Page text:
It is refreshing and exciting to hear a pediatrician write about this void in patient care. Thank you for shouting us out and supporting photoscreening!
It’s amazing that we are nearing two years post the AAP Vision Policy Statement recommending photoscreening. In the policy statement, lead author and ophthalmologist Dr. Sean Donahue poignantly states, “Despite the long-standing recommendations from various professional societies and organizations for all young children to be evaluated, implementation into regular clinical practice has remained less than ideal. Fewer than 20% of children receive adequate screening.”
So where are we two years later?
At GoCheck Kids we have noticed that pediatricians are more compelled than ever to meet the guidelines. And we are proud to say that over 1000 pediatricians have joined our mission to screen 2 million kids by 2020. (davidepley we should chat)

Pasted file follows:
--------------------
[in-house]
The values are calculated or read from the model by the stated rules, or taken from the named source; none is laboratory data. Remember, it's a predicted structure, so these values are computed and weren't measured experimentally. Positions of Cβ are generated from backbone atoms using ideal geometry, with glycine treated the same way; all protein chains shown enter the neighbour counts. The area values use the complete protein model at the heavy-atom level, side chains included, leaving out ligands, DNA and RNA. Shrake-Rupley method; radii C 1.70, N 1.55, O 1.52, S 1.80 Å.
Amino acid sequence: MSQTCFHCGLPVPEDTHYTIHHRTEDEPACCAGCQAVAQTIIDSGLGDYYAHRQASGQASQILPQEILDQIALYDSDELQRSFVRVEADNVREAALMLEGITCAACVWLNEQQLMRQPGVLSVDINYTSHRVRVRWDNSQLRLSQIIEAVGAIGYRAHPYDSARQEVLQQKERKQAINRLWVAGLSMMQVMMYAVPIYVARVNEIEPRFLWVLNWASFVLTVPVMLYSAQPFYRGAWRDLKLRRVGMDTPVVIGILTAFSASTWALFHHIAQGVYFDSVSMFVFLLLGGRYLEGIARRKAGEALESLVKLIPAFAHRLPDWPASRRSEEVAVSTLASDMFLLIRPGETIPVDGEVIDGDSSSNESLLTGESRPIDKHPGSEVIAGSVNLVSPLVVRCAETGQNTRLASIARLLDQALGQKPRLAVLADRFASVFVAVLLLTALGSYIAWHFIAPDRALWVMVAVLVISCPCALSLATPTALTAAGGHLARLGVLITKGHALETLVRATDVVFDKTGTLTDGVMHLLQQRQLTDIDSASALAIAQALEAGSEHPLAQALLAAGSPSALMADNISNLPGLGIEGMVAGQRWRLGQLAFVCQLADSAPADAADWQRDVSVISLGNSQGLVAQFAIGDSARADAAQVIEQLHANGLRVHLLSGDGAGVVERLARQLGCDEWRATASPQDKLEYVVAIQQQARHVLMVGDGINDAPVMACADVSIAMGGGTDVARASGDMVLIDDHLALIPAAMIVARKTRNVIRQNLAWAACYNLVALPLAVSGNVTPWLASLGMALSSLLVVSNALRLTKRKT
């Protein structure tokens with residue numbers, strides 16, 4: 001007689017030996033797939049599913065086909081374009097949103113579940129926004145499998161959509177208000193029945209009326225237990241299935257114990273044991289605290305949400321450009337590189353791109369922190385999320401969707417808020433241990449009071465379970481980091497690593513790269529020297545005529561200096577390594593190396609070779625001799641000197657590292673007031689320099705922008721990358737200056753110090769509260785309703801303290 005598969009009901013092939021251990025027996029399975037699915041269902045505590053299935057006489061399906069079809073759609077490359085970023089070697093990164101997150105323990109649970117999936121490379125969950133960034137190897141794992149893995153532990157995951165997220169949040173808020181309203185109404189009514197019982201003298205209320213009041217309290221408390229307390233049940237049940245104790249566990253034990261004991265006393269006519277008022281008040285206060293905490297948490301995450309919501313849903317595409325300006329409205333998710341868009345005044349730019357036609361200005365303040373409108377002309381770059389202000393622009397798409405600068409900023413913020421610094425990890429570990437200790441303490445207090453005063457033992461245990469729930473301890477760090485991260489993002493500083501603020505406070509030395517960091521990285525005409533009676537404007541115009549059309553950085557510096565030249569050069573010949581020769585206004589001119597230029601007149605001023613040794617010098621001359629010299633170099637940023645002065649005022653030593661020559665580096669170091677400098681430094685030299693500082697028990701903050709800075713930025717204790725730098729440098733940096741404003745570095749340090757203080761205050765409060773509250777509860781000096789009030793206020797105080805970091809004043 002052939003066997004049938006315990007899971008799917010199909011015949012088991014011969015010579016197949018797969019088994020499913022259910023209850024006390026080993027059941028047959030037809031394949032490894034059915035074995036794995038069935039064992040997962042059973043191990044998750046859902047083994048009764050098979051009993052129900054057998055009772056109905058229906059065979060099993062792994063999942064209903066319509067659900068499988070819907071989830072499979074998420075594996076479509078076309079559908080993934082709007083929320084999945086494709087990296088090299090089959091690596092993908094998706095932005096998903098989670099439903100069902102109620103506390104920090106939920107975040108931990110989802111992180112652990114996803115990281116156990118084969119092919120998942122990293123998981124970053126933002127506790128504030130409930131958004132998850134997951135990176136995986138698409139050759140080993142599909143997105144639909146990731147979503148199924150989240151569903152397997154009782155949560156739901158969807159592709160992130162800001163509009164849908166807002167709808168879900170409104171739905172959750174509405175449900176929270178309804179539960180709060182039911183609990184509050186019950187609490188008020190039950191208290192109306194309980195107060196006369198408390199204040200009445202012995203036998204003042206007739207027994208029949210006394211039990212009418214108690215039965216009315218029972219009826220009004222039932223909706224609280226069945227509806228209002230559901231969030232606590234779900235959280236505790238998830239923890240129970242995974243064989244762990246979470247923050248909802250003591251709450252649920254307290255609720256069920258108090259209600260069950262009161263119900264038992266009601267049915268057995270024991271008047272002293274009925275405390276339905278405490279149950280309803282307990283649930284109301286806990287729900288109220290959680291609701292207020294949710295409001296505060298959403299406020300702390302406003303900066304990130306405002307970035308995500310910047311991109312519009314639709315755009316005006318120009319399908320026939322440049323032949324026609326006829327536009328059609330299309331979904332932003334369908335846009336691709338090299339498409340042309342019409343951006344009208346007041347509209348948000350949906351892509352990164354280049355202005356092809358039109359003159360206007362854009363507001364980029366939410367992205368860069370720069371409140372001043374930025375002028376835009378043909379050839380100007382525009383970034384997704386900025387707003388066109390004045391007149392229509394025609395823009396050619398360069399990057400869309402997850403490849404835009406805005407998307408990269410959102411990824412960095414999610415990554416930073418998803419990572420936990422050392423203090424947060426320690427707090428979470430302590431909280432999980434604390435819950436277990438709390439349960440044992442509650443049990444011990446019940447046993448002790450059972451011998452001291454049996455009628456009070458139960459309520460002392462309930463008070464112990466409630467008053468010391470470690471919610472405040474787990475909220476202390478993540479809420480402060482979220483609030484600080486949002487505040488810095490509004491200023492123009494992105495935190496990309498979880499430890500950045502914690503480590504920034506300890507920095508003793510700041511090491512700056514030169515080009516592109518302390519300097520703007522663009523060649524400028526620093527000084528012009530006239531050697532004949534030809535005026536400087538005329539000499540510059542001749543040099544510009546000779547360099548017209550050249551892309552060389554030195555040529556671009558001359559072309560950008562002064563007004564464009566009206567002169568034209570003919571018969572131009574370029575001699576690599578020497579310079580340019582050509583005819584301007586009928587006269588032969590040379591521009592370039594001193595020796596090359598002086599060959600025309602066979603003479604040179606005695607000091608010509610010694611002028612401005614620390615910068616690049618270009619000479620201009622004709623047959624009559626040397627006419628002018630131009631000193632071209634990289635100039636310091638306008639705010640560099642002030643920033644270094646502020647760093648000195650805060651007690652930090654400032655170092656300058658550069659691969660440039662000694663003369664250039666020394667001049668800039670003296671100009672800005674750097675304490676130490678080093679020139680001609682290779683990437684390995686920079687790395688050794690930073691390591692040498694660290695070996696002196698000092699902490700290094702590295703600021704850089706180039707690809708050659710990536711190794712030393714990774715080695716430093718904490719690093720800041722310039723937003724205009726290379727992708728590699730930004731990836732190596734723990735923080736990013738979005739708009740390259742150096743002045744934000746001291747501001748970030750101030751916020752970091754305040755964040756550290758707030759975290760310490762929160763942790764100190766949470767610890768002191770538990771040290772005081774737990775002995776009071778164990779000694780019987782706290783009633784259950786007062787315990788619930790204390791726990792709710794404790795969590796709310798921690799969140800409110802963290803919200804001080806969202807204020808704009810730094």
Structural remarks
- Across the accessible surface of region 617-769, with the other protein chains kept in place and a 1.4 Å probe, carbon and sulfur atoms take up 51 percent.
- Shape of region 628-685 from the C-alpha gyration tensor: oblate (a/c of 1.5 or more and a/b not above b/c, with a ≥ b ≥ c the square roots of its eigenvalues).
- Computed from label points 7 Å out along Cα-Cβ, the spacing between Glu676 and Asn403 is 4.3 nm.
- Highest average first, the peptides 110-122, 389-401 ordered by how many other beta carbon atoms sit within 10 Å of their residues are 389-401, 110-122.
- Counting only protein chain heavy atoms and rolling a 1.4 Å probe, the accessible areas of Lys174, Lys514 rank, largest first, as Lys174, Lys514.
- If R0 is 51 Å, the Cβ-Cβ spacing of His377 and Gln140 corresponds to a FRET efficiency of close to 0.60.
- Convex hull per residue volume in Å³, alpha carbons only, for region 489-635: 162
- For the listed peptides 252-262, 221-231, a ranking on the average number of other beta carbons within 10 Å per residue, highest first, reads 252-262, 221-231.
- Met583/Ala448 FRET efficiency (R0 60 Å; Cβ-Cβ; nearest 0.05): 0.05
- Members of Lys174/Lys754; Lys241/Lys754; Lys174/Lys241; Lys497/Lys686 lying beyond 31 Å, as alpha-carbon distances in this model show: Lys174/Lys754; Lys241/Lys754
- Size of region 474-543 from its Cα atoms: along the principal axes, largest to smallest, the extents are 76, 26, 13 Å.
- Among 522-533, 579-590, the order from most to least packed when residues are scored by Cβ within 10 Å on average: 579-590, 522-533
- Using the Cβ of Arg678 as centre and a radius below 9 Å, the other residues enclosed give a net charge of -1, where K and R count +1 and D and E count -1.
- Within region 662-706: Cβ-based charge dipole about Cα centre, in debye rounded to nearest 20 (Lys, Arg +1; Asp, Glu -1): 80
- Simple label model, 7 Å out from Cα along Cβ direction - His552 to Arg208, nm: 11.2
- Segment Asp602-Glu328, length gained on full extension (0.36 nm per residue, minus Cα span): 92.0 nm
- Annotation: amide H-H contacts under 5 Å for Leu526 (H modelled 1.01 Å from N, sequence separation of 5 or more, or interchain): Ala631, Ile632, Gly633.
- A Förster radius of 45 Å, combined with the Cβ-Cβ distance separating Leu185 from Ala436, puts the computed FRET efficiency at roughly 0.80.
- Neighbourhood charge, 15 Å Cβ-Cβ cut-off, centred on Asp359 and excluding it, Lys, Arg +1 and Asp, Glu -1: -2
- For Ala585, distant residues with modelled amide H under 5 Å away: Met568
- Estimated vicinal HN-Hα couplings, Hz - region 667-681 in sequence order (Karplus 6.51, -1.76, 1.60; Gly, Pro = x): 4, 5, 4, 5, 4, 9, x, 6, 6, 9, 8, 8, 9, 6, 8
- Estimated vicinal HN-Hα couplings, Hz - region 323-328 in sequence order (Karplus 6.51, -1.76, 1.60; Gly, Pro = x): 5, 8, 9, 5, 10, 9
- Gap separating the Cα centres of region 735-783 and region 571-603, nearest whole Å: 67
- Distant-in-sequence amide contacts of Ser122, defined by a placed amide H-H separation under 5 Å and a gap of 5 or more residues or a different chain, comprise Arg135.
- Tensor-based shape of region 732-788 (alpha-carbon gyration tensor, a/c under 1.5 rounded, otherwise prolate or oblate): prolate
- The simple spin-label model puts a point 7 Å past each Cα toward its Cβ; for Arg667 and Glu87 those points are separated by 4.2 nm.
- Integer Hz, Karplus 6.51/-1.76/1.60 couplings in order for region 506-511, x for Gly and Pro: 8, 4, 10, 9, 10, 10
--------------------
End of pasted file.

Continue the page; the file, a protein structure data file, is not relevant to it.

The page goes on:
But Heather Finlay-Morreale, MD, as you so importantly pointed out, economics are still a major barrier to cross when it comes to photoscreening.
-Photoscreeners are expensive. They cost as much as a used car.
-Reimbursement, in particular medicaid, is still variable by state.
The willingness to help overcome barriers: GoCheck Kids has a 30 day risk-free trial in so that practices can test reimbursement amounts in their area. If it doesn’t work economically (we do everything we can to make it work) then the practices can send the smartphone devices back with no charges incurred. Seriously, every pediatric practice small to big should be on this.